Ride a lot - train a little

Rid mycket – träna lite

Riding a lot and training a little is an expression veterinarian Eva Skiöldebrand advises all riders. The horse is made to be in motion and therefore does not feel good standing still. Many times, horse owners give their horses a rest in good faith, but in smaller paddocks, the horses mostly stand still. Hence, it is better for the horse in these cases to move but with less intensity. Examples of this could be:

  • Outdoor ride
  • Lunging
  • Step machine
  • Walk
  • Easy work
  • Loose gallop

It is only the imagination that sets the limits. In the same way that the horse's body is created for movement, the horse's joints are basically not created for the work we require. Jumping high hurdles, doing pirouettes and trotting with a cart behind you are loads that strain the joints. This does not mean that we cannot do these exercises with our horses, we just have to be aware of how to do it in the best way.

One way to balance training is through breaks in the riding session. Assemble and collect the horse for a while and then release the tension and let the horse pause. Then you can return to gathering again before the next break comes. Breaks for the joints can look like pure walking breaks for a few minutes or simply through freer work without gathering. It takes a few minutes for the joints to regain full circulation and recovery. In order to get fluency in your riding session, it is best that you plan what the session should look like. What do I want to do today? What should I achieve? When should I demand a collection and when should I put in my micropaus? A lot is then about the feeling during the riding session, but with a basic plan and structure this will happen naturally.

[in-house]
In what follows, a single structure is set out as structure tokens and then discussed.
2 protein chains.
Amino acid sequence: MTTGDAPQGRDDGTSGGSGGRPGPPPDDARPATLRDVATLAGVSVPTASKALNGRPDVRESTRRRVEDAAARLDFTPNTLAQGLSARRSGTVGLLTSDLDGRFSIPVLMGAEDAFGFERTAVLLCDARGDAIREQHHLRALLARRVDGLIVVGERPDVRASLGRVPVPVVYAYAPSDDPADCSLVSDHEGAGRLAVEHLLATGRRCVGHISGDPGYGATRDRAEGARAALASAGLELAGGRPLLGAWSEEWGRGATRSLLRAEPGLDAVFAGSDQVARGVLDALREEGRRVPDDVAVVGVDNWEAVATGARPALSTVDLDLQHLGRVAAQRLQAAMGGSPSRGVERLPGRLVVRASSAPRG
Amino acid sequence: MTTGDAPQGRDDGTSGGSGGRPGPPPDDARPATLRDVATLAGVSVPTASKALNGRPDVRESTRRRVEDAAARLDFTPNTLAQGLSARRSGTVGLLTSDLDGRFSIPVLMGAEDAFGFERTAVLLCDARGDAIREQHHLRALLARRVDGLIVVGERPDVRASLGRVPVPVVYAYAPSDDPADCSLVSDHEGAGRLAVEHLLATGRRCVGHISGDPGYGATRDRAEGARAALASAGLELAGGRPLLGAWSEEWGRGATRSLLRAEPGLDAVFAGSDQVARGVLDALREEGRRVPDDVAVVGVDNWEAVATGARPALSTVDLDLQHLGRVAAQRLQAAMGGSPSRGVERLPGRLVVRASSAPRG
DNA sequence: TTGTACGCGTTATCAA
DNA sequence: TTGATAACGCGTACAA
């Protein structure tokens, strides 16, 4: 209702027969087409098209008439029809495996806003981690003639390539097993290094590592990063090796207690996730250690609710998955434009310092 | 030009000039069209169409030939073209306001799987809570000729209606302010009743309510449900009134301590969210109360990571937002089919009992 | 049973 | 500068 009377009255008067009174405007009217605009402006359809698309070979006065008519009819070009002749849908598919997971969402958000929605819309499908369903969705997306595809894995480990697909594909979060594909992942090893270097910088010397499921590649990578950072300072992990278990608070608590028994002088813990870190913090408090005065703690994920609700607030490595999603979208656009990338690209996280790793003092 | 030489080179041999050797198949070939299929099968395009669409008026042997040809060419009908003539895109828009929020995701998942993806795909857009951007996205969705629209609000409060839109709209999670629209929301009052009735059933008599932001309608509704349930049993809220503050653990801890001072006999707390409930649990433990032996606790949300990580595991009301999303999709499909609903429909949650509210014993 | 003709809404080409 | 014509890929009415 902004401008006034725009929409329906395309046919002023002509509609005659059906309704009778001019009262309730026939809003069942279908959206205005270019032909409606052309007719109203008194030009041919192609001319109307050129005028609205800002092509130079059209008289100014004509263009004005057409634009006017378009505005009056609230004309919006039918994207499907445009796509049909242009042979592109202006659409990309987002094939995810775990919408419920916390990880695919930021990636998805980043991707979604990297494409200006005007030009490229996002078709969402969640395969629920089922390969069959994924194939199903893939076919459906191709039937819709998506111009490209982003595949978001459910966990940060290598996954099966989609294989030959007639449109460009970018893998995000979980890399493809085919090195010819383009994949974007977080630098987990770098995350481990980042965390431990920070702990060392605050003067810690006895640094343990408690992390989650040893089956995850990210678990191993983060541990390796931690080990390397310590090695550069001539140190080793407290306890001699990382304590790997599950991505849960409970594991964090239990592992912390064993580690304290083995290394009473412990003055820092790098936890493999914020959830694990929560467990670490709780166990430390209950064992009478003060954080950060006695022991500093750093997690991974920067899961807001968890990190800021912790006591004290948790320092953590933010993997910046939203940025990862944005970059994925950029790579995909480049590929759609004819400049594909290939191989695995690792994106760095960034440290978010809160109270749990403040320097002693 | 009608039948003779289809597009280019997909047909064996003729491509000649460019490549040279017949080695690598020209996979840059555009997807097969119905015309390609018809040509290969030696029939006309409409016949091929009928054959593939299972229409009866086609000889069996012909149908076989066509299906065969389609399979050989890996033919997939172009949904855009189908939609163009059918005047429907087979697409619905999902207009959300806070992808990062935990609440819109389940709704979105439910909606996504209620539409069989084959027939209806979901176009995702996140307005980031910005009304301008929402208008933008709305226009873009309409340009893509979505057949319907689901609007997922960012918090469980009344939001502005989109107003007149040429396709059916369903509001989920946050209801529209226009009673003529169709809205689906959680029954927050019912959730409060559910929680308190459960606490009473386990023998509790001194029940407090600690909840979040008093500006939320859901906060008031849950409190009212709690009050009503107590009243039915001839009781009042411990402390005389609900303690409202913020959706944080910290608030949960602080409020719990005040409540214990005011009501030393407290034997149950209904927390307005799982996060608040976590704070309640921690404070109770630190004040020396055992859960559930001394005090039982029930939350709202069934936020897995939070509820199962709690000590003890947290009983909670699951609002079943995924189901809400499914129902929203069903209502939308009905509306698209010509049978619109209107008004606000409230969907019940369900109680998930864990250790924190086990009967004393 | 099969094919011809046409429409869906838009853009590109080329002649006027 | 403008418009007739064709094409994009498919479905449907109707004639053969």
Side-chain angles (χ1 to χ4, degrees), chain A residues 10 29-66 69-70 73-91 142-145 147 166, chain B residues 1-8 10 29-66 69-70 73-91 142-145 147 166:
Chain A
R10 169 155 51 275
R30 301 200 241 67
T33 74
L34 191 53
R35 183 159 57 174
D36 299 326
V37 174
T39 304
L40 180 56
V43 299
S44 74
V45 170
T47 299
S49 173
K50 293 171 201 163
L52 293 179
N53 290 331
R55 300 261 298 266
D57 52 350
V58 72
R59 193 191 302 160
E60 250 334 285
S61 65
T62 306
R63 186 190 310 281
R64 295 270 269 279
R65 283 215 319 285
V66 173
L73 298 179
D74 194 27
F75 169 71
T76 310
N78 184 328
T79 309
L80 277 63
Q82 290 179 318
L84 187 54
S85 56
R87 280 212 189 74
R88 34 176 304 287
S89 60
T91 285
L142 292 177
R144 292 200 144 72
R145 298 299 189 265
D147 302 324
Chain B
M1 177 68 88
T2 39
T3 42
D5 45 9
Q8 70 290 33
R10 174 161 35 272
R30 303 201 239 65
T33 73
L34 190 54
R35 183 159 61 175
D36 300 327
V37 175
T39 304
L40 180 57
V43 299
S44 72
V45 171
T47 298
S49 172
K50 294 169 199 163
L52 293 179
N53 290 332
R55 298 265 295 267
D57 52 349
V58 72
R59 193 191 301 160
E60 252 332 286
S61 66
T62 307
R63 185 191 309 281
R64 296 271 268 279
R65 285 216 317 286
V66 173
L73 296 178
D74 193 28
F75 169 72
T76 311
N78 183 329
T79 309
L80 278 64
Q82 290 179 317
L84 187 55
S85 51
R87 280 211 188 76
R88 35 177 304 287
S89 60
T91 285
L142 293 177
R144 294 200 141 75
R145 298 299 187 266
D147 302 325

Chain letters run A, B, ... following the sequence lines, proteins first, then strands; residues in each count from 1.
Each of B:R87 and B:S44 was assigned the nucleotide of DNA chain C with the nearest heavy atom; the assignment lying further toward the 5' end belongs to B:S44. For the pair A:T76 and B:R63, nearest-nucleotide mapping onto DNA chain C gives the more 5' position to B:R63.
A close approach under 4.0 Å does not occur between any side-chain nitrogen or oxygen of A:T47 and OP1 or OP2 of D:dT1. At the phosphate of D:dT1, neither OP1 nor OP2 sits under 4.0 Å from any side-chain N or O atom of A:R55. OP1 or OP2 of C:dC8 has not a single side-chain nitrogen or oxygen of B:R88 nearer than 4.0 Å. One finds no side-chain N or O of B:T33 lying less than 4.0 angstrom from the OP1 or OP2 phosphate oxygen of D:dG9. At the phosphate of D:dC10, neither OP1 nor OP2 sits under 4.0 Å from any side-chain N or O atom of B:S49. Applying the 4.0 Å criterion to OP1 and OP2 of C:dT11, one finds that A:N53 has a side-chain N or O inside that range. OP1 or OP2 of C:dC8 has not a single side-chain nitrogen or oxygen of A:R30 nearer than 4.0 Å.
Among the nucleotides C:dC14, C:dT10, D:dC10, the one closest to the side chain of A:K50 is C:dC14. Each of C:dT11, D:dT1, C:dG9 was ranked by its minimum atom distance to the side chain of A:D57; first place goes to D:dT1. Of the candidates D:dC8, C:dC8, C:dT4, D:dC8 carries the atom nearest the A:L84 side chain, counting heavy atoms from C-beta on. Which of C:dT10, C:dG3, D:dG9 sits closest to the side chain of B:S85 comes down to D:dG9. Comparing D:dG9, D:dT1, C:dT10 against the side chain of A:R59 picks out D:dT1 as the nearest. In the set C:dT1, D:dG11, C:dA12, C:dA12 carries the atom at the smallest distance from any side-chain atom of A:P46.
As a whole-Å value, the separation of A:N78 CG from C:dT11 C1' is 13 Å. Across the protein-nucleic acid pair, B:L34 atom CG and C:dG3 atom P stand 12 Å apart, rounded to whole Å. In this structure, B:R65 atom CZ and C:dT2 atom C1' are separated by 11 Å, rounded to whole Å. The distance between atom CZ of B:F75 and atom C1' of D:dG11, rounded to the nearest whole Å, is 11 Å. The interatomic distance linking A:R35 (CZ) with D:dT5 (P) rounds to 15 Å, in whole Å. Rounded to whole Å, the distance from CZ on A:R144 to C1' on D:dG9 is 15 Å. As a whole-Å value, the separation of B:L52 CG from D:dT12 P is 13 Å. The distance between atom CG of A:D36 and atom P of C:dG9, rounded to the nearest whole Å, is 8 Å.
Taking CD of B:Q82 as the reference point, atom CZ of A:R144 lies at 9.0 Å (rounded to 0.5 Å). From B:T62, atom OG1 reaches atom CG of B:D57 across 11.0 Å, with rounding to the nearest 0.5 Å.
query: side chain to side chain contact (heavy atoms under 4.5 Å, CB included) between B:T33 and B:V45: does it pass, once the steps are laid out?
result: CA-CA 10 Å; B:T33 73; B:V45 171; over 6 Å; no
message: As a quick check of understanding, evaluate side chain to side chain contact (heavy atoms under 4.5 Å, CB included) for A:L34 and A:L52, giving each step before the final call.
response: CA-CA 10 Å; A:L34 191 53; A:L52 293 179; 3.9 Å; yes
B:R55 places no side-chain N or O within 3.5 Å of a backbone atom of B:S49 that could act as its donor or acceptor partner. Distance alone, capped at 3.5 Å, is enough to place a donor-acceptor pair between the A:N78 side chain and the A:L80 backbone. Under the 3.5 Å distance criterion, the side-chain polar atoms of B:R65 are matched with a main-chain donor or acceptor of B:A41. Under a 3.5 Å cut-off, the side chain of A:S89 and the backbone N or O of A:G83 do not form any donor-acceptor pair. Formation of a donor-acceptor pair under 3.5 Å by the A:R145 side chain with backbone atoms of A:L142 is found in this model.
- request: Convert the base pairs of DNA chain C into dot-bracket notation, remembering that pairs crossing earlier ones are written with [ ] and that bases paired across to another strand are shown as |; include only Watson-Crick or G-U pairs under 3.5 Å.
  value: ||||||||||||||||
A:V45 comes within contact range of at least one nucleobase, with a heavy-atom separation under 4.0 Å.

When should I ride without training?

A few sessions a week and during rest periods. Varied riding and training are A & O for a long-term sustainable horse. It is important for both the physical and mental health of the horse that it gets variety in its everyday life. We are often ambitious and want to work our horses a lot. However, this does not benefit the joints or the horse's mental health. For happy joints and psyche, we recommend variety and balance.

You can also train low-intensity, for example work on certain movements in walking such as leg bend and open. You can do the canter change in the forest and do loosening work.

What is active rest?

After, for example, intensive competition periods, we like to give the horses a rest. However, if you ask most veterinarians and equine therapists, they will recommend rest and movement. The horses can of course have days when they only walk in the pasture and do nothing else. The optimal thing is if the horse can have a long time outside in the paddock AND perform some activity such as outdoor riding or lunging.

Active rest = Rest with activities without straining the body.

My horse is very energetic, how should I introduce active rest or reduced effort?r

Riding twice a day can feel like higher effort, but through low-intensity work, it's more about stimulating the horse. For example, you can lunge the horse in the morning and then ride a session in the afternoon. Since the horse has gotten out of some of the excess energy in the morning, the session can be shorter and more efficient. Replace lunging with a lighter round in the forest, loose gallop in the stables or a walk. You can also trim in the morning and then do something light in the afternoon to get a more harmonious horse in the box and paddock. This suits horses with a lot of energy, who do not have access to long outdoor stays or have small paddocks where they do not naturally move. Don't be afraid to ride your horse, we only want to help you find a balance for a long-term sustainable horse.

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